Background: Imagine opening your patients’ electronic medical record (EMR) and seeing their stories, as told by them. Would that help you understand your patients better, both their resilience and the barriers they have faced? Systemic structures of oppression and health provider unconscious bias are root causes of racial, gender and class-based health disparities. Storytelling is a tool that can connect across socially constructed groups and is a powerful way to both examine structural forces that impact health and tackle bias and racism in healthcare.
Purpose: Our project expanded upon previous storytelling approaches (1) by adding a structural competency framework and facilitated reflection around biases and barriers. We had three goals: 1. For our students to learn about the structures that impact patients’ health from the patients directly. 2. To center our patients’ voices in their own healthcare through a narrative practice and 3. To combat implicit bias in the EMR and healthcare at large.
Description: We piloted the patient narrative project at our academic medical center (AMC) from June 2020 – June 2021 with nine cohorts of students, as a mandatory element of their Medicine Clerkship. We started with a didactic session introducing the curriculum, reviewing key concepts in narrative medicine and practicing applying a structural analysis to an example patient vignette. Next, each student interviewed a patient about their life story and drafted the story in a 1000-word, first-person narrative. Students then reviewed the story with the patient, edited it together, and with the permission of the patient, entered the final version into the EMR where it could be accessed by future healthcare providers. At the end of the rotation, the students completed a written reflection exercise applying structural analysis to their patient’s story. The curriculum concluded with a group reflection session, where students unpacked personal biases that patient stories have challenged and brainstormed around strategies to incorporate the practice of narrative medicine in clinical care and life-long patient advocacy work.In that time period 84 students rotated through the clerkship site, 67 stories were submitted (80%), and 38 (45%) were entered in the EMR. In informal feedback, students shared that the stories allowed them to connect to the reasons they decided to become physicians, at a time when they feared losing this connection due to the high demands on them to learn biomedical and systems processes. Students reflected on the structural forces that influenced their patients’ lives, the barriers and biases their patients faced. Informal conversations from the broader healthcare community, including faculty, nursing, administrative and health educator staff, illustrated how patient narratives allowed them to connect intimately with their patients as people and understand their patients’ values.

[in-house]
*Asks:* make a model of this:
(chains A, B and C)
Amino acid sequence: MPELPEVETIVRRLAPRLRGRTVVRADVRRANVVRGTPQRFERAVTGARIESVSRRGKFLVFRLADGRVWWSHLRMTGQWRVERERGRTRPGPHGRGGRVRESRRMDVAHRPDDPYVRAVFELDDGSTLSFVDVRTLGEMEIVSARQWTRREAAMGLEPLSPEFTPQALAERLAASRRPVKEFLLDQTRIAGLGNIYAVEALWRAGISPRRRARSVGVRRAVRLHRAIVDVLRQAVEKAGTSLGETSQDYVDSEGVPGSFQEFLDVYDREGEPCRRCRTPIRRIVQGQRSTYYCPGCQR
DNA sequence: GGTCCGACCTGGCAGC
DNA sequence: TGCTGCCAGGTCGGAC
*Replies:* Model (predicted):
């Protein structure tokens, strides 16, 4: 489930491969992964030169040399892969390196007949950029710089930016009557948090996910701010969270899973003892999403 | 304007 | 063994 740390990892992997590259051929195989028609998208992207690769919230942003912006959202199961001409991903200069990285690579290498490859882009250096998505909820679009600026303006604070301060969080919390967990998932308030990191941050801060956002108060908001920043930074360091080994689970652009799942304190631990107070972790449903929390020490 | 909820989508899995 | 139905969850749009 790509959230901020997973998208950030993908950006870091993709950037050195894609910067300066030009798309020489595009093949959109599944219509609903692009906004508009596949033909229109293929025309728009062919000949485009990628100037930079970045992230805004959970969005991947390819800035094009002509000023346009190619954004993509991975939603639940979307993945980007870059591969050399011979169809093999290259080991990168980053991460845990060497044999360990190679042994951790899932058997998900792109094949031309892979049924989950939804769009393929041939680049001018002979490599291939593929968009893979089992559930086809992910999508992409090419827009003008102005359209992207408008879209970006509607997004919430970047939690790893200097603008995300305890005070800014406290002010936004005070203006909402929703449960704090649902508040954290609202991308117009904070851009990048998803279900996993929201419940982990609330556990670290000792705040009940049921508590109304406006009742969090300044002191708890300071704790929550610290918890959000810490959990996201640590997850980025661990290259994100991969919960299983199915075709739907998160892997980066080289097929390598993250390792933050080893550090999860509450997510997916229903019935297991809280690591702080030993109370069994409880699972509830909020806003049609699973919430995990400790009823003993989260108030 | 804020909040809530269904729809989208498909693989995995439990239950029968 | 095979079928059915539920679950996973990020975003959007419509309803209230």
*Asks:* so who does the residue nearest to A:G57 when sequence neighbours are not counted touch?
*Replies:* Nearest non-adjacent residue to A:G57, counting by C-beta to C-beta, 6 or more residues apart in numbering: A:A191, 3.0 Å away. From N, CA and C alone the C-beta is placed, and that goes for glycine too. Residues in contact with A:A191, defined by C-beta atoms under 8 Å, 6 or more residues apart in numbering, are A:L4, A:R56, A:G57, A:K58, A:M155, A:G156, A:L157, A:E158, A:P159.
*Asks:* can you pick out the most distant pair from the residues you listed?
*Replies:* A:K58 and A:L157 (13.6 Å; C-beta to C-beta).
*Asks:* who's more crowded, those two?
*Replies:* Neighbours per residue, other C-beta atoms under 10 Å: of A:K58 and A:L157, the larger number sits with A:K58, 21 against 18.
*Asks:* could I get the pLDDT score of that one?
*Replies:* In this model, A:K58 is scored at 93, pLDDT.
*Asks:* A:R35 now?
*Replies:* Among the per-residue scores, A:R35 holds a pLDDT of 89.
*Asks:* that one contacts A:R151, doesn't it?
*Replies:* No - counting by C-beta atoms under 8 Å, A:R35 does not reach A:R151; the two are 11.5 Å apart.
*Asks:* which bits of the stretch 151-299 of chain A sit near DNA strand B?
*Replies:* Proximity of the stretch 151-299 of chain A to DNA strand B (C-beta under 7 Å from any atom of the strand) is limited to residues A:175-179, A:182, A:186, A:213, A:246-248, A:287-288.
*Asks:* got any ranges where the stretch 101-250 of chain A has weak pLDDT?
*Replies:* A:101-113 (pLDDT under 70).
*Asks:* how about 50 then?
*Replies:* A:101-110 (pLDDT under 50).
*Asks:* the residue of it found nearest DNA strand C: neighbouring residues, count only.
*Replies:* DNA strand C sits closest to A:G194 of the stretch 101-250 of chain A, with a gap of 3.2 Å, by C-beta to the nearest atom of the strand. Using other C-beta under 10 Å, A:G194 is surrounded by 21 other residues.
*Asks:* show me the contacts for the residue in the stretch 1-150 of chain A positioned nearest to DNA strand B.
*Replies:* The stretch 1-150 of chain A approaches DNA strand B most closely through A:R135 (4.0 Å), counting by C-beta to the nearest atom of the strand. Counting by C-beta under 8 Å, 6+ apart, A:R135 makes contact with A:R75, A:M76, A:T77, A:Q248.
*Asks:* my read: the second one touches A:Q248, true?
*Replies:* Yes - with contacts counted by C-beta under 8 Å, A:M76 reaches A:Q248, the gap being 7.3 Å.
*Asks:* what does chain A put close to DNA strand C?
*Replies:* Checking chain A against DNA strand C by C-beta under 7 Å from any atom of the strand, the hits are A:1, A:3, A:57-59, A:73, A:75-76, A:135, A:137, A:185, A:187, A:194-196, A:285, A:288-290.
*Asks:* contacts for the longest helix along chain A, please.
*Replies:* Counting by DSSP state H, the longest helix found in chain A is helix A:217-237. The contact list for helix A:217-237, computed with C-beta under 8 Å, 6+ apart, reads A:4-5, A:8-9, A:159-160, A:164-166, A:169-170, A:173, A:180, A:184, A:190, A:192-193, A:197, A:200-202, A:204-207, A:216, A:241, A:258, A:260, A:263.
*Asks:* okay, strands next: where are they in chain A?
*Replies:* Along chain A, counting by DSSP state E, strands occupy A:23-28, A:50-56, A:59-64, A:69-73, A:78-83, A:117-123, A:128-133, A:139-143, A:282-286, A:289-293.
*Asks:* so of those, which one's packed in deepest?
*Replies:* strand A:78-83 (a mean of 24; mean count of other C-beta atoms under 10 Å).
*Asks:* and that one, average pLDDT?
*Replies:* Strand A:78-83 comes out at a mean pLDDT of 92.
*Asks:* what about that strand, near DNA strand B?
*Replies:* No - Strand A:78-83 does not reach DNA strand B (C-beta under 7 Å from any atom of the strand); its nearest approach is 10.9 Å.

Conclusions: This pilot demonstrated that MS3s can play an integral role in re-centering the patient’s story in healthcare while acquiring skills in practicing narrative medicine, applying a structural competency framework, in reflecting on biases in health care. These experiences and skills give our future healthcare providers a foundation for future advocacy for their patients and in the larger healthcare system.